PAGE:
Pressure was mounting on Peru’s interim president to resign after a night of protests in which two people were killed and the country’s political turmoil deepened.
At least eight of Manuel Merino’s cabinet members had resigned by early on Sunday and the president of Congress scheduled an emergency session to discuss the leader’s resignation.
More than 5,000 protesters marched through the streets of Lima on Saturday, wearing masks and carrying signs that read, “Merino is not my president”. Authorities said two men, aged 24 and 25, died from gunshot wounds during the demonstration.
Mr Merino, a little-known politician, rose to Peru’s highest office on Monday after the legislature voted to oust former president Martin Vizcarra. Legislators utilised a clause dating back to the 19th century to declare the president of “permanent moral incapacity” based on unproven allegations that he had accepted bribes while serving as governor years ago.
Angry Peruvians have taken to the streets ever since in daily demonstrations accusing Congress of staging a parliamentary coup.
Polls show most Peruvians wanted Mr Vizcarra to stay in office. The ex-president is popular for his anti-corruption crusade, which led to frequent clashes with the legislature, where half of the members are themselves under investigation.
“I am very sad over the deaths caused by the repression of this illegal and illegitimate government,” Mr Vizcarra wrote on Twitter on Sunday. “The country won’t let the deaths of these brave youths go unpunished.”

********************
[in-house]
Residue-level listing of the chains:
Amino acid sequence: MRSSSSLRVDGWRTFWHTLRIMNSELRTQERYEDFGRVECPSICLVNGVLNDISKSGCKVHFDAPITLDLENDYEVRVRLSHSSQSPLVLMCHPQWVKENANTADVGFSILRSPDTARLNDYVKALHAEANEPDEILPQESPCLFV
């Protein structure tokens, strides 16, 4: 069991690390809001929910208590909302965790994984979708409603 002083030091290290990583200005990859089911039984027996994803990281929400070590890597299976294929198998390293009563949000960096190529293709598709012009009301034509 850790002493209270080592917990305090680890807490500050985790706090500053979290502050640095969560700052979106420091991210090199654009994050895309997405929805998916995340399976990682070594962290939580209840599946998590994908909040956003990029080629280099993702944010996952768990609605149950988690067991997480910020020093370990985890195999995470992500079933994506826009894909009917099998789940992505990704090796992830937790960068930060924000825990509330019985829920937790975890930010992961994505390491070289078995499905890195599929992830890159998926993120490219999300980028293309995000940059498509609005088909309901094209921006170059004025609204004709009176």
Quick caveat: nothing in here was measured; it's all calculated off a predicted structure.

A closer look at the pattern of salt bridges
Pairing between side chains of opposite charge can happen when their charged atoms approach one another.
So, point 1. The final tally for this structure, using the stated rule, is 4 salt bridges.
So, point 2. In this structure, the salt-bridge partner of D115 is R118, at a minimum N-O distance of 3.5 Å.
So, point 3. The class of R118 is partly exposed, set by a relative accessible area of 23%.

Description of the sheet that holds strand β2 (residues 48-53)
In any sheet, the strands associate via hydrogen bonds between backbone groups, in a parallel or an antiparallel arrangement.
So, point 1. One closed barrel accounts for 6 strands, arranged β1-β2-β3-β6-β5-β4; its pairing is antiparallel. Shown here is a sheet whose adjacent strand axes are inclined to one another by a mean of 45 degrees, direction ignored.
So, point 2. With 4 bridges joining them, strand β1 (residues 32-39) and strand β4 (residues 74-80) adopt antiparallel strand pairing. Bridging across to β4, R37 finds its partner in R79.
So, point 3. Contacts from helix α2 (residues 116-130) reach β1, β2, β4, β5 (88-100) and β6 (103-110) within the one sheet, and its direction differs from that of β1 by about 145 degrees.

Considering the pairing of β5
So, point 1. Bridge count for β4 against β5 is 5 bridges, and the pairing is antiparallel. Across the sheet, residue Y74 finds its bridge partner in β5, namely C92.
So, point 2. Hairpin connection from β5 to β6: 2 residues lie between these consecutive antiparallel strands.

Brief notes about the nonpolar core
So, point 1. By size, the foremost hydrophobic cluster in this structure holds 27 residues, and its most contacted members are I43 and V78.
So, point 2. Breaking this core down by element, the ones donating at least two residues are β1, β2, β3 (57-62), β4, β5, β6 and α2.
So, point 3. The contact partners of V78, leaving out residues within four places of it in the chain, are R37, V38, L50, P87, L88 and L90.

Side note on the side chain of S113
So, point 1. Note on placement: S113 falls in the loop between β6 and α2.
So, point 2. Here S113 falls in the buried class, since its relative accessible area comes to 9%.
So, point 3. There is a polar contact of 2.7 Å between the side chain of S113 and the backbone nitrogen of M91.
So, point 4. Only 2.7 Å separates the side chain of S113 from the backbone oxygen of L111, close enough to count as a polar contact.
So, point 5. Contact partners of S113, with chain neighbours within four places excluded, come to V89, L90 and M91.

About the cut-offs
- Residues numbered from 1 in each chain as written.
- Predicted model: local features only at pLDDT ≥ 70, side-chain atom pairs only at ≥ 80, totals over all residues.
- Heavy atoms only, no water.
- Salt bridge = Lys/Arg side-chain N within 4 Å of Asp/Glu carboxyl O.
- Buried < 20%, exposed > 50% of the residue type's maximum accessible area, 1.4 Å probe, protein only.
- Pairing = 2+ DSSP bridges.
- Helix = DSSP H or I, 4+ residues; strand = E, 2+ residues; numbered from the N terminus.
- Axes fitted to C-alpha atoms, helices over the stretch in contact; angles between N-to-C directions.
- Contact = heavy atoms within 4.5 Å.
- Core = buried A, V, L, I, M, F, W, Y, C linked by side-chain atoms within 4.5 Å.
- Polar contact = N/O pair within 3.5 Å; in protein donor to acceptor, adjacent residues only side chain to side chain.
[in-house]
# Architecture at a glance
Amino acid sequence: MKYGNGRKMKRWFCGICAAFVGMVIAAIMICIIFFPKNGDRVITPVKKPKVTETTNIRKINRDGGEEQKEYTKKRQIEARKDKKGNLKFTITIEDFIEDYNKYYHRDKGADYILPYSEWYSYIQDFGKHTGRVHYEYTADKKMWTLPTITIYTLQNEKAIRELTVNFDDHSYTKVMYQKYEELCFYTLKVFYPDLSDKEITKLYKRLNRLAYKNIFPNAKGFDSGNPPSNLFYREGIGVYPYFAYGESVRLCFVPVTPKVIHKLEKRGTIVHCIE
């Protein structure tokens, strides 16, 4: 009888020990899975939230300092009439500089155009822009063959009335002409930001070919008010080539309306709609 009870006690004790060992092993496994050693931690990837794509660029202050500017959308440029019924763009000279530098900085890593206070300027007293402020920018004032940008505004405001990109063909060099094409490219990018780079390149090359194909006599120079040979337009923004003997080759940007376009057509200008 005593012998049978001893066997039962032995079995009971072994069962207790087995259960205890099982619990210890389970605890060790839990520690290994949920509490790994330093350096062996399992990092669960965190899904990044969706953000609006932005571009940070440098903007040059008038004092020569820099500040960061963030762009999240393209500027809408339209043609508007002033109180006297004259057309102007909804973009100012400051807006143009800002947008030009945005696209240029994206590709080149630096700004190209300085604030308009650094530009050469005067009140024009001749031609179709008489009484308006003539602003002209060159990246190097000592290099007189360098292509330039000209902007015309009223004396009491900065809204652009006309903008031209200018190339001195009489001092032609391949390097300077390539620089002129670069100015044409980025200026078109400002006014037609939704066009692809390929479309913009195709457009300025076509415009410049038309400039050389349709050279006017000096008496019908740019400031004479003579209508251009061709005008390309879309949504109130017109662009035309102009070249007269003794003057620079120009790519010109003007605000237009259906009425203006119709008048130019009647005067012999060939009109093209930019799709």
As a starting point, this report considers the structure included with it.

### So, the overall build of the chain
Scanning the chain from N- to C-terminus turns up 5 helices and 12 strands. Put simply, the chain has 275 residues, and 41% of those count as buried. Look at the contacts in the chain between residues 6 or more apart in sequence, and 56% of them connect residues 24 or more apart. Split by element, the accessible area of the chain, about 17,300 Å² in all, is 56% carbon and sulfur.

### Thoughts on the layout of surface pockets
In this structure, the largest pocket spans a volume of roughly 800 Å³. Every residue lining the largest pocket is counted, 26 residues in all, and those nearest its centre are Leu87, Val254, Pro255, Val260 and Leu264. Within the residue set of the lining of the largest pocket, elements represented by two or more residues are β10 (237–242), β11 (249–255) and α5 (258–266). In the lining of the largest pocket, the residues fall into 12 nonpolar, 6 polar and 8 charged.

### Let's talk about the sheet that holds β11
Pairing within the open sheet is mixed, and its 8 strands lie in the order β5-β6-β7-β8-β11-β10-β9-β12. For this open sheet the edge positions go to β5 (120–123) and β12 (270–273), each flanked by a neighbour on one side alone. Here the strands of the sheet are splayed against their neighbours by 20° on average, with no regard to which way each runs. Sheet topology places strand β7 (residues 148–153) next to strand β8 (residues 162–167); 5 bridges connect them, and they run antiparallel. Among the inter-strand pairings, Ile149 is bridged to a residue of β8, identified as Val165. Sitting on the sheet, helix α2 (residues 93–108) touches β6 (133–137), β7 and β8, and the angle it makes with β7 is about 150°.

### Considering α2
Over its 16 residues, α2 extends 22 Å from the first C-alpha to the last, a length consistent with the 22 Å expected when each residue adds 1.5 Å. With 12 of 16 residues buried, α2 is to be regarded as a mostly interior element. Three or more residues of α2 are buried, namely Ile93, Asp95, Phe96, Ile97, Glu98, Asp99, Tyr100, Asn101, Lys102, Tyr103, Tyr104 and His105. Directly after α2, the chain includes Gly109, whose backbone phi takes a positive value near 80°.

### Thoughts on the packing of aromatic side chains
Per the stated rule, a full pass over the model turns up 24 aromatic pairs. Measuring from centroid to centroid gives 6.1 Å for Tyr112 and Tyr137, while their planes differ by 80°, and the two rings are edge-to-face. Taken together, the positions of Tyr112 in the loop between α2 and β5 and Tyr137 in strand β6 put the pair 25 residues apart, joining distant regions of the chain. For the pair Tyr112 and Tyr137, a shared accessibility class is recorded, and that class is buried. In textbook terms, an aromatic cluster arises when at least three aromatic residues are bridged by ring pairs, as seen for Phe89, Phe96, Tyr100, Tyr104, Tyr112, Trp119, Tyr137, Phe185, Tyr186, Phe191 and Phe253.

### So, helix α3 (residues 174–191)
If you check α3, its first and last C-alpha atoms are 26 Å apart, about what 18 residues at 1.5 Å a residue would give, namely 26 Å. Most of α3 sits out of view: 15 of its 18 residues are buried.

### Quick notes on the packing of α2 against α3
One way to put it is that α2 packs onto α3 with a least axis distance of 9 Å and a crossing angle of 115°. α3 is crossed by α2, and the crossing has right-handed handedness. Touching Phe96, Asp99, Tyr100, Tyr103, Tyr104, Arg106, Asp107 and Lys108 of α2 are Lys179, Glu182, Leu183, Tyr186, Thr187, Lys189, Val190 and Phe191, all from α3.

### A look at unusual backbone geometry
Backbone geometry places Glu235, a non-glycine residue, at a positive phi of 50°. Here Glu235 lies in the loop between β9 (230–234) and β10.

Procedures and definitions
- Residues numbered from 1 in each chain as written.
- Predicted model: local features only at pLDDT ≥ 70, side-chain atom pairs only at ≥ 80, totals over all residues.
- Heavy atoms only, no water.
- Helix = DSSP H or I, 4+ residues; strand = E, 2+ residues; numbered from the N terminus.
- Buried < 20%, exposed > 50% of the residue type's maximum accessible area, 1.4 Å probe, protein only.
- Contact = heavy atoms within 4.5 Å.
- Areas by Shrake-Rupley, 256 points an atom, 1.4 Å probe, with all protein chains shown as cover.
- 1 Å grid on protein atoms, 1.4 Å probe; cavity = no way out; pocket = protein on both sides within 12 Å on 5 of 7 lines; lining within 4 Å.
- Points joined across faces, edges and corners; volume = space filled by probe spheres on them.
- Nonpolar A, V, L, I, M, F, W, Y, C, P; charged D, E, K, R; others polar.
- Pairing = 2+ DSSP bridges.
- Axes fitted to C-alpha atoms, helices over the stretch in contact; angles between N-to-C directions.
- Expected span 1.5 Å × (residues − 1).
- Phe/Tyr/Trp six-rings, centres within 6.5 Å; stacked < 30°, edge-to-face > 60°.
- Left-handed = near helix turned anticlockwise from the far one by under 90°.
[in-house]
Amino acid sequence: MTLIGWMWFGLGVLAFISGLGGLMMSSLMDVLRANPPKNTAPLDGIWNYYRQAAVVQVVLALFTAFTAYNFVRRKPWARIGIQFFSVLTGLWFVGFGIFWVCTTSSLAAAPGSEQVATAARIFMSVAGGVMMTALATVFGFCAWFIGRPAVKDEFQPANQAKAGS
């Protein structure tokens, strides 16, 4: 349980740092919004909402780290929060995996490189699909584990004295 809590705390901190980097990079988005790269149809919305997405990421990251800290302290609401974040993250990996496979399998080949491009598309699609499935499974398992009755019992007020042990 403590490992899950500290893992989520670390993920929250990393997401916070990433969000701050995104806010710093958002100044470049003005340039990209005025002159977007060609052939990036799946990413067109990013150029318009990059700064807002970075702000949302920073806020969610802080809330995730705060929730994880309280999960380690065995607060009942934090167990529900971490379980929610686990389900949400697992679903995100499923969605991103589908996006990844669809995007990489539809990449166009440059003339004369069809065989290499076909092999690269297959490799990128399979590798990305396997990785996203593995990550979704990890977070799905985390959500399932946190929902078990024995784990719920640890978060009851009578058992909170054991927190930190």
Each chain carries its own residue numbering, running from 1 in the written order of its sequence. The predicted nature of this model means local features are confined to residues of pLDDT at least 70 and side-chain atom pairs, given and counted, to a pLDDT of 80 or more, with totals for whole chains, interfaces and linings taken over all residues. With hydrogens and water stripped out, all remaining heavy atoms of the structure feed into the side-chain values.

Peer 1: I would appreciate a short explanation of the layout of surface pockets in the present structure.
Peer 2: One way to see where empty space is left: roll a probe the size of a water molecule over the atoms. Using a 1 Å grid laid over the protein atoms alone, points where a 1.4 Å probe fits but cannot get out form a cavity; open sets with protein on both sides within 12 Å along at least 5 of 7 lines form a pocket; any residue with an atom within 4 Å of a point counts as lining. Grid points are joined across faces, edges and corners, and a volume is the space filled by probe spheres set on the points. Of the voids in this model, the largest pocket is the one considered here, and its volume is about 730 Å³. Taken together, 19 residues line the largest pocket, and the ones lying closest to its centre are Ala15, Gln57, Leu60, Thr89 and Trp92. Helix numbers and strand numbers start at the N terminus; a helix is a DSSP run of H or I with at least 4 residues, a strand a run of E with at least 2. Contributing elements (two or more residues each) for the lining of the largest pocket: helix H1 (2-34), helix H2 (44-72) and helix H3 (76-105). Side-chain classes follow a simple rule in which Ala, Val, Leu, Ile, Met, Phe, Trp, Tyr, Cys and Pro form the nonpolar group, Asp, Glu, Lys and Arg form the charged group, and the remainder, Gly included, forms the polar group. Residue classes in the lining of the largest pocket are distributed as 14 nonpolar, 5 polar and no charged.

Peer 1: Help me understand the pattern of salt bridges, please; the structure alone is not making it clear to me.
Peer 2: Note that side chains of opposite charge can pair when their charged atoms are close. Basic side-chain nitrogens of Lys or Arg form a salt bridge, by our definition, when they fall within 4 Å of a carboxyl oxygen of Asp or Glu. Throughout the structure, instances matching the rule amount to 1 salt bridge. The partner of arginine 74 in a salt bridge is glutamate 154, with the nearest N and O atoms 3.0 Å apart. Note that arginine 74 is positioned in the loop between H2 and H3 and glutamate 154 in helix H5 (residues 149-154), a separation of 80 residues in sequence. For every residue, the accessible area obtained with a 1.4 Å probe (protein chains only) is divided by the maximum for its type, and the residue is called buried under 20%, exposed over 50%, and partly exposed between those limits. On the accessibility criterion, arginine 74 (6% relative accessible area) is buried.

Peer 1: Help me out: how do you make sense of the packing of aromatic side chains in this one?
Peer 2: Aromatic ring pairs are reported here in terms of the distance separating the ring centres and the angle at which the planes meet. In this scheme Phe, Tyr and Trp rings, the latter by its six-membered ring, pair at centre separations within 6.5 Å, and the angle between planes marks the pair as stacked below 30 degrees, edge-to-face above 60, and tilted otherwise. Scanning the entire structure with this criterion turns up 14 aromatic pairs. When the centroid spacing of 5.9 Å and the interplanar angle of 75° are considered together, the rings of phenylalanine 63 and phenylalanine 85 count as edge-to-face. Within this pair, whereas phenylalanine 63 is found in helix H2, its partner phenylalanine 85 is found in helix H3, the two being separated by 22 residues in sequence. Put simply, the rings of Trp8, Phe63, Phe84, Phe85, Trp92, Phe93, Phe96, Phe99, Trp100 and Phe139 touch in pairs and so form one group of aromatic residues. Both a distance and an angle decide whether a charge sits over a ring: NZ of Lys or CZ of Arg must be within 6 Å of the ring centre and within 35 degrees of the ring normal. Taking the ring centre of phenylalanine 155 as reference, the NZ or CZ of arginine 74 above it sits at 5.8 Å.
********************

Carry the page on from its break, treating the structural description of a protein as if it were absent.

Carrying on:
Mr Merino, who until recently served as the head of Congress, did not immediately respond to the growing calls for his resignation after Saturday’s protests.
Earlier on Saturday, Mr Merino denied the protests were against him, telling a local radio station that young people were demonstrating against unemployment and not being able to complete their studies amid the coronavirus pandemic.
Peru has the world’s highest per-capita Covid-19 mortality rate and has seen one of the region’s worst economic contractions this year.
The protests are unlike any seen in recent years, fuelled largely by young people typically apathetic to the country’s notoriously turbulent politics who view Mr Vizcarra’s ousting as a power-grab by legislators.